So even if we ARE in the NOW and BEING Present, the BE-ing is filled with a bunch of stuff that— well—can we be honest? We don’t want to be doing it anyhow, it’s just there. It built up over time because we haven’t found a way of untangling ourselves, or saying no, or getting around to wrapping it up, or going out and starting what we really want to do. Maybe we don’t know how. Maybe we are just dreaming about what we want. We talk a good game but we don’t START. So our best BE-ing is filled with DREAMING and not DOING. Not LIVING the life we really want to live.
Is this you?
Does this ring a painful bell?
Well my friend, I don’t want to scare you or send you running for the covers, but tick-tock, the NOW clock is running, this day is leaving and tomorrow…is not a guarantee.
This Was My Year For Grabbing My Now
I heard the call this year from that tiny word BE.
It turns out that it isn’t about just BE-ing in the present.
It’s also about BE-ing who I truly AM.
It was about saying yes NOW to the dreams and the life I want. Yes to going to Vegas and meeting fans in person and signing books, and taking a chance that nobody will come to book signings, (they did come) or that nobody would buy our books if we tried to put them in a “real” bookstore, (they do) and that fans wouldn’t really come to see us at festivals. (they stood in line.)
It was about telling that fear to put a sock in it and doing it anyway. It was about answering the dream to teach art classes even when that voice said, “Who would want to come to one of YOUR art classes, silly woman!” (Turns out plenty of people, the class sold out.)
And it was also about saying goodbye to things that had run its course. Even when it disappointed some people and I took some heat for it. Because saying goodbye and being brave enough to say no opened up time to take care of situations and opened doors for new opportunities that will benefit even more people to come.
It turns out I can’t BE without exercising those words, “YES” and “NO” carefully and with great discernment, really taking the time to consider who I AM in each situation. In order to BE, I have to know who I AM, and in order to know who I AM, I have to know what is important, what is critical, what my primary principles are, and where my love shines.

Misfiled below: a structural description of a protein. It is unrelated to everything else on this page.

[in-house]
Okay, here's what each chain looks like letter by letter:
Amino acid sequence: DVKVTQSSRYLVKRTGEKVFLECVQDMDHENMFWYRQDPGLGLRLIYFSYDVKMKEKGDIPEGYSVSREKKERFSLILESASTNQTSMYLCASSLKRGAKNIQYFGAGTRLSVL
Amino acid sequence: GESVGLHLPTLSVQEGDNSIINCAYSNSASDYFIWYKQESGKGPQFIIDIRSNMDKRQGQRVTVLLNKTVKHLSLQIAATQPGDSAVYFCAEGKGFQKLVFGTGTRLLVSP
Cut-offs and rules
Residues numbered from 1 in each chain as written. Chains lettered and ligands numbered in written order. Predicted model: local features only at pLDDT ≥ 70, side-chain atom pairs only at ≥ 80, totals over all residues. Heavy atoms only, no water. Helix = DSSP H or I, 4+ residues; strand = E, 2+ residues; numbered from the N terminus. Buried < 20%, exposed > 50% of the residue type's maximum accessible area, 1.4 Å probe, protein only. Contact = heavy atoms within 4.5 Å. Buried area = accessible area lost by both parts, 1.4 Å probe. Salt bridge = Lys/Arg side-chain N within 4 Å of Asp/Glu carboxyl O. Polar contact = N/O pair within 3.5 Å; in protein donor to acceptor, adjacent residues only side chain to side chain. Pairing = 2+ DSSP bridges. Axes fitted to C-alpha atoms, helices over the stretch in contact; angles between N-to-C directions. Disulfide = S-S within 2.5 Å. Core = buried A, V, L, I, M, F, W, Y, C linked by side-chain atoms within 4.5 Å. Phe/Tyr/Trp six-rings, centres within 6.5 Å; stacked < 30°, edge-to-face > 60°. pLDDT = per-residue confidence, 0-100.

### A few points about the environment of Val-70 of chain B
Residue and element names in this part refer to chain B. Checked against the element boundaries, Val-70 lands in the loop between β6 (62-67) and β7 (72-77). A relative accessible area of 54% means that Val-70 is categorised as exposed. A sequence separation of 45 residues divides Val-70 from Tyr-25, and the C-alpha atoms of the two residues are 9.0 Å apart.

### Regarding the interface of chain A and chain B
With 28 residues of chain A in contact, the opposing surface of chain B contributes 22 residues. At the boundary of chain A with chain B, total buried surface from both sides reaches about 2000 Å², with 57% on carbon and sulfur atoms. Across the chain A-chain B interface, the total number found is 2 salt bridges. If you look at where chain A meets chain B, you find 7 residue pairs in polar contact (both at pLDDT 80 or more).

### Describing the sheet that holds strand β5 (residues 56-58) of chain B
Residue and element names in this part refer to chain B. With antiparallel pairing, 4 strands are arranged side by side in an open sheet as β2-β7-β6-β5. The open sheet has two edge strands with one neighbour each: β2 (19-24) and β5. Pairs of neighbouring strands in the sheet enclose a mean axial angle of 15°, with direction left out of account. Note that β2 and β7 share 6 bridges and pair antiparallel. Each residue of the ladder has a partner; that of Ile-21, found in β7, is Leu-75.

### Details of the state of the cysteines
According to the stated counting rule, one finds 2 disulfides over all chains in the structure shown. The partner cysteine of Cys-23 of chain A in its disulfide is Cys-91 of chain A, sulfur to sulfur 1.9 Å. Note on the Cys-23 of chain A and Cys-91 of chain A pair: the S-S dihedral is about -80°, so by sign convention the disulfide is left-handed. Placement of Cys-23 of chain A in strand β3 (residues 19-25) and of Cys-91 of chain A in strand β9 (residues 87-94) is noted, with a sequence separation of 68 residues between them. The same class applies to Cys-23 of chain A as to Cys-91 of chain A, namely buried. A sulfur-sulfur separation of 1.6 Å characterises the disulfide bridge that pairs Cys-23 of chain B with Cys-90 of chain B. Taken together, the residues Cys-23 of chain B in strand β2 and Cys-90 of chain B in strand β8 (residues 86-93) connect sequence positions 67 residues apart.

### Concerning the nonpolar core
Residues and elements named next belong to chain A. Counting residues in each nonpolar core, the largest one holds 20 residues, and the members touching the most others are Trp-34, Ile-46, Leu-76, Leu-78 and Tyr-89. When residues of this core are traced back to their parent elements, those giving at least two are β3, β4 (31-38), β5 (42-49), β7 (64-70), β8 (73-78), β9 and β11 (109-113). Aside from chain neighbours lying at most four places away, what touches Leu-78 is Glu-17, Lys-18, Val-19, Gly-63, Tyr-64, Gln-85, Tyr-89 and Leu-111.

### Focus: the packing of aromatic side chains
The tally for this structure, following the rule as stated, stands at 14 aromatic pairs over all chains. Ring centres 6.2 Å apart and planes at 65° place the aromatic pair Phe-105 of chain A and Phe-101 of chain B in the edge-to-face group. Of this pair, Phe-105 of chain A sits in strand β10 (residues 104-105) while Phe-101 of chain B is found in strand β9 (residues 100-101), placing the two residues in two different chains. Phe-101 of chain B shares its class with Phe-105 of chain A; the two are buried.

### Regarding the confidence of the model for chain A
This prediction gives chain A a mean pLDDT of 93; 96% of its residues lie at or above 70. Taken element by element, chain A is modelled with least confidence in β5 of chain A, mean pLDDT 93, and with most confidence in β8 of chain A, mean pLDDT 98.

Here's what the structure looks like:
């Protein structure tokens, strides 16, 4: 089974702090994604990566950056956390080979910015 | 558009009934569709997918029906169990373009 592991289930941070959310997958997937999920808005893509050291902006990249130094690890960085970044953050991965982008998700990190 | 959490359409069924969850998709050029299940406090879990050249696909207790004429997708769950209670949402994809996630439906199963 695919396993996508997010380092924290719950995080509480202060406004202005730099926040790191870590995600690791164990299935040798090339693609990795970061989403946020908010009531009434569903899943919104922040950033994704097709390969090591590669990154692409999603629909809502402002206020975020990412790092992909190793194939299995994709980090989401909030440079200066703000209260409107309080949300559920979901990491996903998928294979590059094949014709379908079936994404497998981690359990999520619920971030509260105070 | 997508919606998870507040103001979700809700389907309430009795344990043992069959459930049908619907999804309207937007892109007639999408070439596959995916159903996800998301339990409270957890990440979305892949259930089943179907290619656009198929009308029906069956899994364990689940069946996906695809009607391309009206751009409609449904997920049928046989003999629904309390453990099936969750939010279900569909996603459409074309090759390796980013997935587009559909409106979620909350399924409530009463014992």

And what baggage needs to be left behind.
That’s a lot of stuff packed into that tiny little BE word.
And it’s only October. But I can’t be thinking about what comes next.
I have to BE here NOW.
Kim Eldredge - New Frontier Books says
Thank you for your transparency and honesty! I remember when you picked this word I was… confused. I love hearing how it has creating a new shift for you.
This was the first year I picked a word of the year. Funny thing… I’m not sure it was the RIGHT word. I’ll have to give it more thought next year!
Kim Eldredge – New Frontier Books\’s last post… What Non-Fiction Writers Can Learn From NaNoWriMo
christine Bull says
I love being reminded of BE-ing. All those 2 letter words are true – it just IS, I just AM. Taking judgement and subjectivity out of the game and just allowing what is. Time does indeed march on regardless of how centered we are in the now, and I find that a great comfort. Good luck with your BE-ing practices!
christine Bull\’s last post… Transitioning with ease.